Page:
A lot of companies talk about wanting to be inclusive. Twitter recently released their diversity goals to lukewarm reception. Many believe the goals are not ambitious enough and are indicative of tech’s lip service to diversity but not their actual commitment.
If a company wants to be truly diverse and inclusive, it will have to break some of the golden rules of how companies operate and how employees are managed, namely:
You have to talk openly about identity: The biggest part about diversity is that the corporate world has to get over the belief that treating everyone the same produces equality. This sounds great in theory, but in reality it flops. There are certainly some areas where a little more same-ness is welcomed (for instance, more equal parental leave policies instead of only giving time off to women. This is not only necessary for equality for gay male employees, but it helps all men who have children).
In order for those changes to come about, however, you have to talk about identity. You have to talk about what being a man, a woman, straight, gay, lesbian, bisexual, transgender, White, Black, Asian, etc. means in the workplace.
Everyone has to talk: A lot of initiatives are intended to equalize voices, but in reality can force people to stop talking. No matter what organizational culture you have, there will be employees that feel uncomfortable in some way. This is actually a good thing, if people are empowered to speak up instead of staying silent. By encouraging people to be open about issues in the workplace as it relates to the work and mission of the company, the company moves forward.
Having a workplace where people can be open about their thoughts in a respectful way (being open about your feelings is no excuse to be rude) leads to higher performing teams with greater creativity. Add in the diverse insights that come from having different identities and backgrounds in the room (rich in both inherent and acquired diversity), and you have a formula for success.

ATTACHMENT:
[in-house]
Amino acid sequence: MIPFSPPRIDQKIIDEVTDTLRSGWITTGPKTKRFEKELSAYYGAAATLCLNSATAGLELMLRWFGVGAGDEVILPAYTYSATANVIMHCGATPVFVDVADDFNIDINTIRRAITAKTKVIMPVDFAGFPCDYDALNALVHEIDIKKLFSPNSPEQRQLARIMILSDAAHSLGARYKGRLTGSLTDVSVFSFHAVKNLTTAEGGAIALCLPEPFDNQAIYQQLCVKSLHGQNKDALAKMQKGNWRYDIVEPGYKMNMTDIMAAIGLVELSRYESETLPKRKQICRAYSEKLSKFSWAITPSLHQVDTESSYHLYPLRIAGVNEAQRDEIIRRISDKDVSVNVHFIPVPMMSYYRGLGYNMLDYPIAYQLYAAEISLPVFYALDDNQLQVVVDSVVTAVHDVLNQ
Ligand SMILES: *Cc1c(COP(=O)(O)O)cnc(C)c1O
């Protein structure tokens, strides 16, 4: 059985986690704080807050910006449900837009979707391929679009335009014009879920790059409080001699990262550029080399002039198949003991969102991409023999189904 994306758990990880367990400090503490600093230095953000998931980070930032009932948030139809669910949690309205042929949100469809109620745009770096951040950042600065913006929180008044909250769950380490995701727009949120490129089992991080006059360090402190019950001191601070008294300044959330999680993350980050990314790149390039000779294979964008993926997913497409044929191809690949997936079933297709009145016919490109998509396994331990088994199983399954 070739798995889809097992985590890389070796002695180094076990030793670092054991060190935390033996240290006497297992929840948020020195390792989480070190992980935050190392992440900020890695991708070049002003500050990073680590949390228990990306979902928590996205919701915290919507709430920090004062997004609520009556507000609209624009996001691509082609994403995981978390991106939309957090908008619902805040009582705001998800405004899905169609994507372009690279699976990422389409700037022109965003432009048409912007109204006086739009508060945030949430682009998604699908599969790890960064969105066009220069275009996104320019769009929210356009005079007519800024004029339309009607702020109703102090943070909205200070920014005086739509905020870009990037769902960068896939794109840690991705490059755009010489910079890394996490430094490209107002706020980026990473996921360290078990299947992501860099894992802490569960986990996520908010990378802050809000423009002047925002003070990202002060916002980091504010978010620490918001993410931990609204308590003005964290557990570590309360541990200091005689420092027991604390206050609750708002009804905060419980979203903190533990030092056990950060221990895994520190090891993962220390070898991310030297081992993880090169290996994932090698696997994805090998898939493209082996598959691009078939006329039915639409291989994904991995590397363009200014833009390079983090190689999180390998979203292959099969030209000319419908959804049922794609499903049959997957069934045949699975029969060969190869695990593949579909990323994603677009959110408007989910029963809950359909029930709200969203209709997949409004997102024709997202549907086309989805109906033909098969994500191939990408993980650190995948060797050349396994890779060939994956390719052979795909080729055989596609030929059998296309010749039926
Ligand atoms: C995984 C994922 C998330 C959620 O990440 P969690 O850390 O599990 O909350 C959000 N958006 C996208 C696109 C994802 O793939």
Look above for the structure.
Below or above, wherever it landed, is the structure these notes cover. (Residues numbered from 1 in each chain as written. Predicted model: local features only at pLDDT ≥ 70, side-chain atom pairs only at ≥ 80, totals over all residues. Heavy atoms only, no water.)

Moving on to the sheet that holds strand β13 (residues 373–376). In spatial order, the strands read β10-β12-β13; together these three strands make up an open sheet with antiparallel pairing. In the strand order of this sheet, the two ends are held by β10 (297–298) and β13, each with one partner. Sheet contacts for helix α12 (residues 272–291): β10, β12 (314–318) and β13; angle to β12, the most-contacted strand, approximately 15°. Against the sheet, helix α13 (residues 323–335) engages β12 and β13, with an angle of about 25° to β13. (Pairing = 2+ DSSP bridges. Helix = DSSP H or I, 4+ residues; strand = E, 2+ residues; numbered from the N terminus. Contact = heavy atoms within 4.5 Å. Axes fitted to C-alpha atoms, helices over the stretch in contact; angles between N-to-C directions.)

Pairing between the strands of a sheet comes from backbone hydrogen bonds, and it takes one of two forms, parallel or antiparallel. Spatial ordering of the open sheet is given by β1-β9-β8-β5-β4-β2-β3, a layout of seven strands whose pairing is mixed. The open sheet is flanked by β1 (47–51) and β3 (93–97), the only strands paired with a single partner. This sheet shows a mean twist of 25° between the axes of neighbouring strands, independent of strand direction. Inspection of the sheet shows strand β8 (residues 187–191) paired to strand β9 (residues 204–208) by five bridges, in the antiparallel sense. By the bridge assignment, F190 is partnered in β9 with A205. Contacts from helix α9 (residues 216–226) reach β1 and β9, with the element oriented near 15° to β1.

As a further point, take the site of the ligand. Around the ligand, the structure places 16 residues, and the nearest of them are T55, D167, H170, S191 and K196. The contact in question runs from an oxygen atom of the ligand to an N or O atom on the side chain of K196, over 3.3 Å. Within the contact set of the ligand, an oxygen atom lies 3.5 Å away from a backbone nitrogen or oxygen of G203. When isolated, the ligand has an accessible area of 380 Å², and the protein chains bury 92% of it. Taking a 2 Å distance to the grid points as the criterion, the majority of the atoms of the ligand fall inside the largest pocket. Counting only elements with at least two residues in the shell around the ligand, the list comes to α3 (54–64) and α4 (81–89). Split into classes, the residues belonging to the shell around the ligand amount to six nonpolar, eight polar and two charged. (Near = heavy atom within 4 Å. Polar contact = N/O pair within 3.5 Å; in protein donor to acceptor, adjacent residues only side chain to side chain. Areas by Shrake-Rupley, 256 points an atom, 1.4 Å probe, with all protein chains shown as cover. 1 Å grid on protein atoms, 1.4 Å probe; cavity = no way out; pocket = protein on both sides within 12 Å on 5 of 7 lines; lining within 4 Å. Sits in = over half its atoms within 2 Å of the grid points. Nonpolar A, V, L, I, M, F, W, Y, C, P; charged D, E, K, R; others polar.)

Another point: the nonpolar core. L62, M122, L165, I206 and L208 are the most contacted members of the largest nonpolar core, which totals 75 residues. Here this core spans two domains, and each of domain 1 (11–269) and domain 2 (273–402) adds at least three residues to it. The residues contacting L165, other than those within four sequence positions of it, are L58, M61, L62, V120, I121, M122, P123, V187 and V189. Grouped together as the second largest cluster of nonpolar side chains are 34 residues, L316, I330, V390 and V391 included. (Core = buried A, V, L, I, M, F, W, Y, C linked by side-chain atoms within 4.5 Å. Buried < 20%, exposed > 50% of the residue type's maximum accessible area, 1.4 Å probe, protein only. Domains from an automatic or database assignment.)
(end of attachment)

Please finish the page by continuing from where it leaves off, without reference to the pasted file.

You have to play to people’s strengths and compensate for weaknesses: Not everyone can, or wants to, fix their weaknesses. Some people are the most natural salespeople in the world, but ask them to give a simple presentation of findings and they squirm. This doesn’t mean you shouldn’t put them in front of a client, it means you should put them in contexts where they can shine, and find someone else to do the research findings presentations.
Traditional company rhetoric glosses over strengths and focuses on euphemistically named “development opportunities”. Now, don’t get me wrong – it is important to grow and learn as a person. Personal development, however, is also focusing on and developing your strengths. When a workforce leverages the strengths of each of its employees, it moves past dated stereotypes and notions of what it means to be a certain identity or have a certain background. The process of leveraging strengths forces everyone to look at each other, and themselves, as human beings. Once you have that, inclusion comes built in.
Stefan is a diversity and inclusion consultant and Founder of Ziversity. He has a number of years of experience in the HR/diversity recruiting space, starting with his research at Yale University and continuing through numerous non-profit positions. He blogs about diversity, inclusion, tech, startups, and cultural commentary. Connect with him on LinkedIn and follow him on Twitter @stefanpalios. Business inquiries can be sent to firstname.lastname@example.org.
Originally published on ziversity.com